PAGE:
Sweden wants other EU nations to help with its Iraqi asylum seeker problem
Sweden's migration minister said on Tuesday he would this week ask other European Union nations to help shoulder the growing burden of asylum seekers fleeing violence in Iraq for the Nordic nation.
"We feel that it is important that more countries bear a share of this responsibility," Migration Minister Tobias Billstrom told Reuters.
Billstrom said he would raise the issue with colleagues on Thursday at an EU ministers' meeting in Brussels, although the question is not on the formal agenda.
A total of 9,065 Iraqis sought asylum in Sweden in 2006, up from 2,330 in 2005. The number is forecast to more than double to 20,000 this year, he said.
Sweden is receiving more than half of the applications from Iraqis seeking asylum in Europe, Billstrom added.
Jesus Carmona, spokesman for the European Commission's Directorate of Justice and Home Affairs, said there may not be an easy way to divert the flow of Iraqis to other EU nations.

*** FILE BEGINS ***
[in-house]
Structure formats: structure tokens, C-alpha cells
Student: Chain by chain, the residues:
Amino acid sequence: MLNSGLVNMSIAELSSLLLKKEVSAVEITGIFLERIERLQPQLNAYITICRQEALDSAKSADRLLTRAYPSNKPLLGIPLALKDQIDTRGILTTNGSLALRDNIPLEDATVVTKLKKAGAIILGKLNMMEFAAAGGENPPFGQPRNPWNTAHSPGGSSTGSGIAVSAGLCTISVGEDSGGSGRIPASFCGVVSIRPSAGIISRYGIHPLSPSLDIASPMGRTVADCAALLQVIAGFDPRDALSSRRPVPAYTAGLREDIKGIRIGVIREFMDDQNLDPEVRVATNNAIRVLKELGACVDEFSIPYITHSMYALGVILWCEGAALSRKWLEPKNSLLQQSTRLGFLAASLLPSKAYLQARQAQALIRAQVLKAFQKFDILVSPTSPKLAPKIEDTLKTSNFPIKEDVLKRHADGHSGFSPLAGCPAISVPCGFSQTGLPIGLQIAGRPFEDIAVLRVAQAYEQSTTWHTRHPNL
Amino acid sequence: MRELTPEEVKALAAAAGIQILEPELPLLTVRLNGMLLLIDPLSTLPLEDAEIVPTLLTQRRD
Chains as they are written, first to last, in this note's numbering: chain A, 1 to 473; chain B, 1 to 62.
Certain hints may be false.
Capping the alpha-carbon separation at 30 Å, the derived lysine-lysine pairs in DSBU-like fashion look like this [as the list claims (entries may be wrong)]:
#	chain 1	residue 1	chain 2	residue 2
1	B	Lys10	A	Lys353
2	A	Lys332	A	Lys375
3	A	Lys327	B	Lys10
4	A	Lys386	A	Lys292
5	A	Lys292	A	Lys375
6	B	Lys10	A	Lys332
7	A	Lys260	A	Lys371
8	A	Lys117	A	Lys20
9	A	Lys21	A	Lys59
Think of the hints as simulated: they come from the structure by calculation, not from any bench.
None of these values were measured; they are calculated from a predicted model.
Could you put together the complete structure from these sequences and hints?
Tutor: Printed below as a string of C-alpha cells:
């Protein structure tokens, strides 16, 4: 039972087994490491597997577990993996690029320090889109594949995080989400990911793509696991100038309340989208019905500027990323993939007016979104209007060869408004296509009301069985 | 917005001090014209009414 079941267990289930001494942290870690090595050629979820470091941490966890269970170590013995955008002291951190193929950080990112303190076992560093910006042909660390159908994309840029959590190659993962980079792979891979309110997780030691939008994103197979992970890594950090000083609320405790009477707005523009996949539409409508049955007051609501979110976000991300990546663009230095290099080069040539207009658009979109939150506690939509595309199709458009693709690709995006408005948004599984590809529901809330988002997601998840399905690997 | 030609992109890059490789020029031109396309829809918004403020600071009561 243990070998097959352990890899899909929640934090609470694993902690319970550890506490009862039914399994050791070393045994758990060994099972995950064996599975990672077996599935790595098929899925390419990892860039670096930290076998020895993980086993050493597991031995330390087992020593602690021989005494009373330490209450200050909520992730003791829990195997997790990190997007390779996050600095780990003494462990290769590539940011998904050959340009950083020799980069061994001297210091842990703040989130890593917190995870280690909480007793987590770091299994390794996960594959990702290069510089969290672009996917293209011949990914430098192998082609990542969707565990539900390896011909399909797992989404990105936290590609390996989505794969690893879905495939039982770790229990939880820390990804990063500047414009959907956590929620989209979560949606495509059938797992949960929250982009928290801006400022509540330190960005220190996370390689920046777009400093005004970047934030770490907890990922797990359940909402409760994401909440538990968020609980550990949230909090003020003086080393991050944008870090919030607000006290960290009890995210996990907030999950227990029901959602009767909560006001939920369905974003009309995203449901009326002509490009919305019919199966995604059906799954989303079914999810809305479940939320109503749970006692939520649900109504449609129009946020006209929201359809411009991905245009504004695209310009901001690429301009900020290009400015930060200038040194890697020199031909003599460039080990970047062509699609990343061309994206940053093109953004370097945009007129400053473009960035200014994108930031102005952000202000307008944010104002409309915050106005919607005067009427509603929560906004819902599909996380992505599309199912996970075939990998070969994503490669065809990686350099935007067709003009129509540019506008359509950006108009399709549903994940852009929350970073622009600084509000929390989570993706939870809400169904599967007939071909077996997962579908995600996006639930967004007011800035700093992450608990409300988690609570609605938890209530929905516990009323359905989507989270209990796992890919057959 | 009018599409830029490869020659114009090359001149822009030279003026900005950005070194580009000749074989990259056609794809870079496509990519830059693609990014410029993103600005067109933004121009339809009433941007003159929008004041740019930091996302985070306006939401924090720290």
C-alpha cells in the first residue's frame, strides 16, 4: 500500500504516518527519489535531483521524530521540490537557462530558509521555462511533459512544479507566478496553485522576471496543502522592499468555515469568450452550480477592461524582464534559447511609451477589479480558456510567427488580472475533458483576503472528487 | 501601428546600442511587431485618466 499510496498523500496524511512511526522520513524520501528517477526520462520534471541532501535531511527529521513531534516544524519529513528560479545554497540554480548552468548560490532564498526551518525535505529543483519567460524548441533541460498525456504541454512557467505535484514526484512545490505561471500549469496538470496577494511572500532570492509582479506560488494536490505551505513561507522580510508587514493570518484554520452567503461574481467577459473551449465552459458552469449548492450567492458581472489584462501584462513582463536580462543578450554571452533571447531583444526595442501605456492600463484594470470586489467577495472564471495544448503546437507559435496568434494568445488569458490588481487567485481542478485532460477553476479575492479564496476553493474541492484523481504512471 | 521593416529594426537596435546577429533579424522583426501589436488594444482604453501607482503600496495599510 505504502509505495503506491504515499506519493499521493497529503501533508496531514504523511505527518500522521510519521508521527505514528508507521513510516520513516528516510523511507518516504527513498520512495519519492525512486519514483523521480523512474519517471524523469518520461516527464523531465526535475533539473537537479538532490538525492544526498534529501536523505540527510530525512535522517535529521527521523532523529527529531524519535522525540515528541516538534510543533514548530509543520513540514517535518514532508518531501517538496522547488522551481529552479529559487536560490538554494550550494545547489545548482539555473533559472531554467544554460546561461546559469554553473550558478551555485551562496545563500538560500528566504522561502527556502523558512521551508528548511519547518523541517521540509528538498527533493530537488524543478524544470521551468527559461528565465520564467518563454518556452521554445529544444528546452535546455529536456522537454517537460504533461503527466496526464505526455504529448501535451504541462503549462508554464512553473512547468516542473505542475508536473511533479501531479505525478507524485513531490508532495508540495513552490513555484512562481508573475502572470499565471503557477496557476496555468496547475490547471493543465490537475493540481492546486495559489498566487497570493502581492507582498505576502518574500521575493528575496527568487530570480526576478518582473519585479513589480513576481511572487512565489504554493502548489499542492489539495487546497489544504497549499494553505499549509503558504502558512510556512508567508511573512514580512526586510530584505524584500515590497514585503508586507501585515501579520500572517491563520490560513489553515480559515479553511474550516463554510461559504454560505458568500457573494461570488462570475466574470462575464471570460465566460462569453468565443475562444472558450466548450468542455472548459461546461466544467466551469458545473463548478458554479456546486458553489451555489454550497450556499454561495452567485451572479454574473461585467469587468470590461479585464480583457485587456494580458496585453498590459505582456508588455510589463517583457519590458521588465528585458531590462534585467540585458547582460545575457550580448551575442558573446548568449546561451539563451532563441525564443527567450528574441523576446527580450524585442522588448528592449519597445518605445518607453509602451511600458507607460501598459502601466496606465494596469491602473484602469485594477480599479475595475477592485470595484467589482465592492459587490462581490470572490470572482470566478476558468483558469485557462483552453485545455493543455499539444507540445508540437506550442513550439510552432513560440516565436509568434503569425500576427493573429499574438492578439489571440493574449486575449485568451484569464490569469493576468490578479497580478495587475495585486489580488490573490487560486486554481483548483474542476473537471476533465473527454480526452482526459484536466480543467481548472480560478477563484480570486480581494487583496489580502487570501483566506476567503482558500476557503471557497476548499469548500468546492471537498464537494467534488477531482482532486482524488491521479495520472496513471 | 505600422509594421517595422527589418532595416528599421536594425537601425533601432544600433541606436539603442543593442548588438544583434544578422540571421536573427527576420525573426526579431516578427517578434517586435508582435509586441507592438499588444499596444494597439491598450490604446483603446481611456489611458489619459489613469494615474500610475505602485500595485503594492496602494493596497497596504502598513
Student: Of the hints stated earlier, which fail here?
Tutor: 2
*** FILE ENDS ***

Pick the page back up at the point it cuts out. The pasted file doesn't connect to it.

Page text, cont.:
"The only way would be on a voluntary basis other member states could take some responsibility," Carmona said.
"But that's a delicate question because you need the asylum seeker to be happy to move to another country."
Under EU directives, the country that receives an asylum application is responsible for handling it.
Sweden's appeal lies in its relative openness to refugees and to its established 70,000-strong Iraqi community.
"We work constantly on providing people who have a need with shelter but I would like to point out that Sweden can't help all people," Billstrom said, stressing that all asylum seekers face a full screening before their applications are accepted.
He stopped short of urging other EU nations to further open their borders.
"If one is going to have a constructive debate, and Sweden wants to have a constructive debate, then it doesn't do to sit down and point fingers," the minister said.
"This is about turning the thing the other way around. How do we attract more people to the other countries of the EU?"
By 2010, the EU hopes to complete an agreement on a common asylum system with a harmonised set of rights and obligations for all asylum seekers.
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